Did you give it any rest? What exercises are you doing to load the tendon? Usually, it’s better to give an overuse injury some rest before you load it again.
What did the physios tell you what the problem is? Any chance of seeing an Orthopedic doc? But it really looks like there is an issue with the tendon (biceps tendon).
I’m sure we can find a way for you to solve this!
ThomasThomas Summer, MD on June 4, 2022 at 12:03 am · in reply to: Fixing Assymetry – expected pain on underused side? #67980
Lots of information, but still more questions: is the difference in leg length just a functional one (based on your SI joint dysfunction) or a real anatomical problem? If so, how big is the difference? Are you running on the roads or trails? Maybe trails are better because you have more variance in your step length and direction. Where do you live in Germany?
I agree with Pete about the exercises for getting stronger.
ThomasThomas Summer, MD on June 3, 2022 at 11:21 pm · in reply to: Returning to Exercise after Covid-19 #67979
Thanks to everyone for sharing their experience.
As mentioned several times: every infection is different! What’s important for everyone is to get back to training SLOWLY. Otherwise, you increase your risk for long covid symptoms (even with only mild symptoms, or asymptomatic!).
Besides a generally healthy lifestyle (nutrition, sleep, stress reduction…) there are also some supplements to consider:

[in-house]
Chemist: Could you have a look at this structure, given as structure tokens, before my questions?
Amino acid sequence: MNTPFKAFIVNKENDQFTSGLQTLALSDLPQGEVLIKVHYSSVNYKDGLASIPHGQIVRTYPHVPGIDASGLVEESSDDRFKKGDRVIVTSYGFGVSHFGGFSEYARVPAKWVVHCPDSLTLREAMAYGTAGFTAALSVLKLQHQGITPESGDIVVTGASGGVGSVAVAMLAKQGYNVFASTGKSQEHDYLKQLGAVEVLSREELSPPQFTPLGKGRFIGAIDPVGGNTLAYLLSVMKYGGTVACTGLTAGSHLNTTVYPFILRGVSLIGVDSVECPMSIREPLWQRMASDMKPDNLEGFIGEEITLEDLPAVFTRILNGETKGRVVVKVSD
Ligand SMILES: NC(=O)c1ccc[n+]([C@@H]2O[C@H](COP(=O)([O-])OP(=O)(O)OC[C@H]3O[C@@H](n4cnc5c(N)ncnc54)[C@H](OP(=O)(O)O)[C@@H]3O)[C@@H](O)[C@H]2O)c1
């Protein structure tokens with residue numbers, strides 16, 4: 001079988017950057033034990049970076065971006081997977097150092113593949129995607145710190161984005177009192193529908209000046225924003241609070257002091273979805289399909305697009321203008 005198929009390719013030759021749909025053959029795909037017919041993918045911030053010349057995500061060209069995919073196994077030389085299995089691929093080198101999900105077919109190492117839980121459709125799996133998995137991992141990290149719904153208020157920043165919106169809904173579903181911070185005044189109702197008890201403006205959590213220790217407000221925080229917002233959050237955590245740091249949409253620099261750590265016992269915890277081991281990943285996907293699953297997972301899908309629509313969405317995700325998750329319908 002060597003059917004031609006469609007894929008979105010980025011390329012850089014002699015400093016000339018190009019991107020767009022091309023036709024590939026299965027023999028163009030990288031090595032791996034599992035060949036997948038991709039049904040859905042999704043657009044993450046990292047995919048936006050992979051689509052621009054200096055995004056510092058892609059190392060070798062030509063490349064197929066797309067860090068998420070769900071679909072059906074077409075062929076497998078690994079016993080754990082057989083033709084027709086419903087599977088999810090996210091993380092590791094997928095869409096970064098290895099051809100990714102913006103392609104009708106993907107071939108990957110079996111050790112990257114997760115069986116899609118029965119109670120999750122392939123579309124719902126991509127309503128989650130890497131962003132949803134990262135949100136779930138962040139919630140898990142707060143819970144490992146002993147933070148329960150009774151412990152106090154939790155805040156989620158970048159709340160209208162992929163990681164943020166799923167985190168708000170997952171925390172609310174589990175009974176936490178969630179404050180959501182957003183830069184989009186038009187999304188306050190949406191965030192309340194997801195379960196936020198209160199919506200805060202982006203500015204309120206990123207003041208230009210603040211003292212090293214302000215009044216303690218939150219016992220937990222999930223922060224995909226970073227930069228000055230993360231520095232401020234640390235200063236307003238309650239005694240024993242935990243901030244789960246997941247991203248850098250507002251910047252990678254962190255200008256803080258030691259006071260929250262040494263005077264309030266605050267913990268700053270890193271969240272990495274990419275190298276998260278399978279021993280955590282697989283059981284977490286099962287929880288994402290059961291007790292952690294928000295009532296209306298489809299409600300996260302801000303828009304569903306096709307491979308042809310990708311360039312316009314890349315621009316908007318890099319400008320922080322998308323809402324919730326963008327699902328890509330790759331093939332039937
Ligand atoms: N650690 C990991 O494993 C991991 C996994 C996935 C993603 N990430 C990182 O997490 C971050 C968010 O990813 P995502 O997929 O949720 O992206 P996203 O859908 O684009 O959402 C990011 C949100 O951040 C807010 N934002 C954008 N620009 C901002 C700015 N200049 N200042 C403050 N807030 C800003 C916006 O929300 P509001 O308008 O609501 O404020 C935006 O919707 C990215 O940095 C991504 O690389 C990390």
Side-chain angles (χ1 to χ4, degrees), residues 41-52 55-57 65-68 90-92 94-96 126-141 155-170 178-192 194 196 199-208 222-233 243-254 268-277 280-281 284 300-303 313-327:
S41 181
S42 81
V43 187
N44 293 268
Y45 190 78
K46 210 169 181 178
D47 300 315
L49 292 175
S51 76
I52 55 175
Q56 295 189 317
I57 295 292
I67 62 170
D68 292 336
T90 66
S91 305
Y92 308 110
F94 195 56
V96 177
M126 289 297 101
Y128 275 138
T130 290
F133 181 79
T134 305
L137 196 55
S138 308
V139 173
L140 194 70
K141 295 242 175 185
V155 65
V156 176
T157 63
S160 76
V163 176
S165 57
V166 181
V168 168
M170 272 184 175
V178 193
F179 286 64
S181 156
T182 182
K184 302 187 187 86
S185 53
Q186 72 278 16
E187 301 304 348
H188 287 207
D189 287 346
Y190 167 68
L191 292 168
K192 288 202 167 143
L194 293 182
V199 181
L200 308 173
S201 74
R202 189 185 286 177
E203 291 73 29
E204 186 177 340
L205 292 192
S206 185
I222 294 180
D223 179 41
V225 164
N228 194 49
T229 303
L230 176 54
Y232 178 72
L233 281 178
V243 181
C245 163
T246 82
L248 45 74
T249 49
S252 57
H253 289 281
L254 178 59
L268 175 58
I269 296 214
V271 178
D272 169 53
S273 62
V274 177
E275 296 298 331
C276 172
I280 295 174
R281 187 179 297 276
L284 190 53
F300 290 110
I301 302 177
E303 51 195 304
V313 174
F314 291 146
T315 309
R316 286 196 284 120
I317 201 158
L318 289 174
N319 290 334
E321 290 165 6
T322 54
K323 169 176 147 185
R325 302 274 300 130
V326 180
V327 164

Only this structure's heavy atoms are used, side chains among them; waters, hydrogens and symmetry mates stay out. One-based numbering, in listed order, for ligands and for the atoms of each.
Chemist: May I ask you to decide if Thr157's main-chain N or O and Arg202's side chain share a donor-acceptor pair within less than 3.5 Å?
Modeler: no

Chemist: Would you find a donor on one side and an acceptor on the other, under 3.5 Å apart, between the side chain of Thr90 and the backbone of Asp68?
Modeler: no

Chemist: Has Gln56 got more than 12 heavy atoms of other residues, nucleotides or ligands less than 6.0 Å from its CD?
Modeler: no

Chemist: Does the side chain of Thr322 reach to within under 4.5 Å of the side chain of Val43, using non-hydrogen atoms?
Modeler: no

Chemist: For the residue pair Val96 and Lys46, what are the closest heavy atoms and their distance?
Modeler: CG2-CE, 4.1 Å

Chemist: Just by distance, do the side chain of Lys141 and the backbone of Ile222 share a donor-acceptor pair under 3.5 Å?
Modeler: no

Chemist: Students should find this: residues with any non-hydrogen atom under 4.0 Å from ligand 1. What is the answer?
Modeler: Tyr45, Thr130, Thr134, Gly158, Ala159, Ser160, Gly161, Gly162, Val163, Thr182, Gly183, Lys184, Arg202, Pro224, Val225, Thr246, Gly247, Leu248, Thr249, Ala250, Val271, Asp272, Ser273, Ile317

– Vitamin D3 4000I.E. (100 mycrograms) per day
– Vitamin K2 100 mycrograms per day
– Vitamin A 1000 mycrograms per day
– Vitamin E 20mg alpha-TE per day
– Vitamin C 500mg per day
– Zink 10mg per day
– Selen 50-100 mycrograms per day
– probiotic pacteria (I forgot to ask about your GI!?)
– Quercetin 500mg per day – that has shown good results with covid treatment!
– for sleeping 1-3g Melatonin (test how you react to a low dose first)
– Omega-3-fatty acids 1g DHA and EPA
– Desloratadin (Anti-Histamine) 5mg per day
– Glutamine 3x5g per day
quick and full recovery to everyone!
ThomasThomas Summer, MD on May 5, 2022 at 8:44 am · in reply to: Using hypoxic chamber (once per week) for training in base period #66593
Training once per week at 2500m won’t give you any benefits. If you are looking for preacclimatization sleeping in a tent is worth considering. But you will have to spend a lot of hours (200-250) to get a good effect.